433 F2d 946 United States v. Green
433 F.2d 946
UNITED STATES of America, Plaintiff-Appellee,
Charles Edward GREEN, Defendant-Appellant.
No. 29446 Summary Calendar.*
United States Court of Appeals, Fifth Circuit.
October 20, 1970.
William L. McLeod, Jr., Lake Charles, La. (court-appointed) for defendant-appellant.
Donald E. Walter, U. S. Atty., R. Perry Pringle, Asst. U. S. Atty., for plaintiff-appellee.
Before GEWIN, GOLDBERG and DYER, Circuit Judges.
Green appeals from a judgment entered upon a jury conviction of mail theft and publishing and uttering as true a United States Treasury check with intent to defraud the United States in violation of 18 U.S.C.A. §§ 495, 1702, and 1708. We affirm.
Green first argues that the trial court committed reversible error when it gave the jury an Allen charge, in which the court expressed the hope that the case would not have to be retried at additional expense to the parties.
The use of the Allen charge has been repeatedly approved in this Circuit. United States v. Wright, 5 Cir. 1970, 427 F.2d 1179; United States v. Betancourt, 5 Cir. 1970, 427 F.2d 851; Williamson v. United States, 5 Cir. 1966, 365 F.2d 12, 16. Moreover, the correctness of a charge may not be tested by isolated statements taken out of context; rather the statement must be considered in light of the entire charge. January v. United States, 5 Cir. 1969, 409 F.2d 31; Gurleski v. United States, 5 Cir. 1968, 405 F.2d 253, 267-268, cert. denied, 1969, 395 U.S. 981, 89 S.Ct. 2140, 23 L.Ed.2d 769. We are satisfied that the charge here attacked was accompanied by approved safeguards against any coercive effect on the jury. See United States v. Wright, supra; Hickman v. United States, 5 Cir. 1969, 406 F.2d 414, cert. denied, 1969, 394 U.S. 960, 89 S.Ct. 1309, 22 L.Ed.2d 561.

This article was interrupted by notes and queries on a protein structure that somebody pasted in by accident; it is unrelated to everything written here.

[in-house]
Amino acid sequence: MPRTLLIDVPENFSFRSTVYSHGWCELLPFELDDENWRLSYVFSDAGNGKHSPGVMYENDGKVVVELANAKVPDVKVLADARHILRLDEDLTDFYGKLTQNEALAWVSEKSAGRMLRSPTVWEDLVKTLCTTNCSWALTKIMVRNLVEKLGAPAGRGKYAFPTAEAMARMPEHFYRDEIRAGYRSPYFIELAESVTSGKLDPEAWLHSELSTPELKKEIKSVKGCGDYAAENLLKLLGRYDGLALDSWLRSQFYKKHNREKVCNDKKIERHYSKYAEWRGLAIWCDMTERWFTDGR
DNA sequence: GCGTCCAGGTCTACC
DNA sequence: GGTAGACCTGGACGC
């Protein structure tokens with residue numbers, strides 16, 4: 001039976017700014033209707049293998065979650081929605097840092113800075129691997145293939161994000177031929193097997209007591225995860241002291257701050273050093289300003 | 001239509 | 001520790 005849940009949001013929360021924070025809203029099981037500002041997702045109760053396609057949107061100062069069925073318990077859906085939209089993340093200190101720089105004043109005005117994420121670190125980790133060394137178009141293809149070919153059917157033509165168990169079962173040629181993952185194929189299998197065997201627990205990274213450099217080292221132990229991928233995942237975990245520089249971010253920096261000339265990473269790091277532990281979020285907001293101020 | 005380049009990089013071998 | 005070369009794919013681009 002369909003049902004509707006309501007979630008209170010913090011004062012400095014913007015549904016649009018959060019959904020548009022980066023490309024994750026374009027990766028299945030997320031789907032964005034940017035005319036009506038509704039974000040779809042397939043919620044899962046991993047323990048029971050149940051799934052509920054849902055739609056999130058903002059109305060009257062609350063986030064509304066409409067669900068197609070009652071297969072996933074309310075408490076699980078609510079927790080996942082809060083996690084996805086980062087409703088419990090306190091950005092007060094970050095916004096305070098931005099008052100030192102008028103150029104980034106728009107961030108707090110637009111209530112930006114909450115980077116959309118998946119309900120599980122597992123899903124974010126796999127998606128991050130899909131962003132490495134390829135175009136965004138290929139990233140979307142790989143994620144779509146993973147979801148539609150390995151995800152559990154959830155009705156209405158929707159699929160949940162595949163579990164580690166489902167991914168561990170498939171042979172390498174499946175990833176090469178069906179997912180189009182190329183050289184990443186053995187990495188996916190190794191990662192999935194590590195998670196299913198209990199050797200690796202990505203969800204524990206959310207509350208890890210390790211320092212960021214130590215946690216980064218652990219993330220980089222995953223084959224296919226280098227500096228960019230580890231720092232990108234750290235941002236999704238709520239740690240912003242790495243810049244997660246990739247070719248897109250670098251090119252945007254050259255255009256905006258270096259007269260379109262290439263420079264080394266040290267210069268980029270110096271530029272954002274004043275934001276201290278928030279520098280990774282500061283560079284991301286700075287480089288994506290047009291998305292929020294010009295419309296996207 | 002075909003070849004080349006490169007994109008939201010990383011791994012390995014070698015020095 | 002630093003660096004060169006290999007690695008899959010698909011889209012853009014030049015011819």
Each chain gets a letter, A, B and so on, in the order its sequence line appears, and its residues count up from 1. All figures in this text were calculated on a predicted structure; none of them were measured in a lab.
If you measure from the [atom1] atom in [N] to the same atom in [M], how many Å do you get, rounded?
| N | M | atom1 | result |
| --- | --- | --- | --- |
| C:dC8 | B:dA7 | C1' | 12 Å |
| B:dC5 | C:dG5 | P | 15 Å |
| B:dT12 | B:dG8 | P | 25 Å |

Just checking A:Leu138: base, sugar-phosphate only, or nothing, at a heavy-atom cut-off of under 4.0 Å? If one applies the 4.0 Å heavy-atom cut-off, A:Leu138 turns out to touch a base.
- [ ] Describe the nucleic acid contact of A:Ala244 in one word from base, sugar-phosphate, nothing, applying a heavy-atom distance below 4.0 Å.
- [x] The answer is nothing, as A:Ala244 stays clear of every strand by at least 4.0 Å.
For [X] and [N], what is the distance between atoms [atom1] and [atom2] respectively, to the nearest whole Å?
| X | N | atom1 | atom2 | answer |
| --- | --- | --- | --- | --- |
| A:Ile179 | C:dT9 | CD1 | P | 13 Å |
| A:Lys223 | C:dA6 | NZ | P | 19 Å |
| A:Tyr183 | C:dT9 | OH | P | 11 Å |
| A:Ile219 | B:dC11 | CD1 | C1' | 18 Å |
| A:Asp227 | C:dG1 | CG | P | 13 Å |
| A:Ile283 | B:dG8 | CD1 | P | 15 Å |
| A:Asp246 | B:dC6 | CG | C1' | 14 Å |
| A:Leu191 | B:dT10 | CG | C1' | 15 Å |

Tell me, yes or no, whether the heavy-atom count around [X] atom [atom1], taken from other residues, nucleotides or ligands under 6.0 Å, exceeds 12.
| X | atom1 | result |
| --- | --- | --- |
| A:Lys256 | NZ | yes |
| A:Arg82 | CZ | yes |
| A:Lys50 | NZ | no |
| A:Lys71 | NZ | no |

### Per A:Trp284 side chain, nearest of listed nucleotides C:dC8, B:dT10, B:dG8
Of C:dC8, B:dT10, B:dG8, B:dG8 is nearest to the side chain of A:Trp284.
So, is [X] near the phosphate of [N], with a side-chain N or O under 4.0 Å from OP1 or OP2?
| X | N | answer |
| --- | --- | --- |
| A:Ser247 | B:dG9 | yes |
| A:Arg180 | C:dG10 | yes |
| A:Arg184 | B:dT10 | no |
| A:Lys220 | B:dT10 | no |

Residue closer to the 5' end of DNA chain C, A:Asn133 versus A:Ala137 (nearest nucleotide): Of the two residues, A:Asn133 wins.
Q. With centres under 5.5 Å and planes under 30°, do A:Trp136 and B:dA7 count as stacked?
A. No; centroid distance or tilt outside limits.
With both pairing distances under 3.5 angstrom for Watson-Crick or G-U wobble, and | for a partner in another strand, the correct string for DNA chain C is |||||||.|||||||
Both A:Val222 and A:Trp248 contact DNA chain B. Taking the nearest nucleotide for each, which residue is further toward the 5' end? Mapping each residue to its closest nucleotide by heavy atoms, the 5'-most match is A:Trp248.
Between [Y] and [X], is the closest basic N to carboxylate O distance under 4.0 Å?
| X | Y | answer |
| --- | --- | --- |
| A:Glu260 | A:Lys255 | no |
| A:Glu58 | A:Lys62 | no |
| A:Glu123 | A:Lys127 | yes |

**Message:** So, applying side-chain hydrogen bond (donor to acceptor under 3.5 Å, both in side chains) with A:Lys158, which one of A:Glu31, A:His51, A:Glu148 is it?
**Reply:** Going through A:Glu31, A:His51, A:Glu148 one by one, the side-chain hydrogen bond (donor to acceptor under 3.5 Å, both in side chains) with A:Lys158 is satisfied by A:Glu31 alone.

Relying on Miranda v. Arizona, 1966, 384 U.S. 436, 86 S.Ct. 1602, 16 L.Ed.2d 694, Green next urges that the trial court erred in admitting his oral confession into evidence. We disagree. Green was arrested by Postal Inspector Crawford on September 2, 1969. Before any interrogation, Crawford gave Green the proper Miranda warnings. Green then stated that he did not wish to make a statement and that he desired counsel. The interview was immediately terminated, and Green was allowed to consult with his lawyer. On October 14, 1969, Secret Service Agent Windham, without knowledge of the previous interview or of Green's retention of counsel, advised Green of his rights in compliance with Miranda and interrogated him. During this interview Green made an inculpatory statement which was received in evidence at the trial. At no time during the interrogation did Green indicate that he did not wish to make a statement or that he desired to consult a lawyer.
Miranda did not hold that, once an accused expresses a desire to have counsel present, the door to present or future interrogation is forever closed. The right to have counsel present can be waived. We are convinced that the government met its heavy burden of showing that Green knowingly and intelligently waived his right to counsel, Id. at 475, 86 S.Ct. 1602. Green knew, as evidenced by the interview with Crawford, that he could have contacted a lawyer if he desired. Thus Green effectively waived his right to have counsel present during the interview with Windham.1
Finally, Green argues that the court erred in permitting the jury to take a copy of the Information into the jury room. We find no abuse of discretion by the trial judge in granting the jury's request. See Bruce v. United States, 5 Cir. 1965, 351 F.2d 318. The Judgment is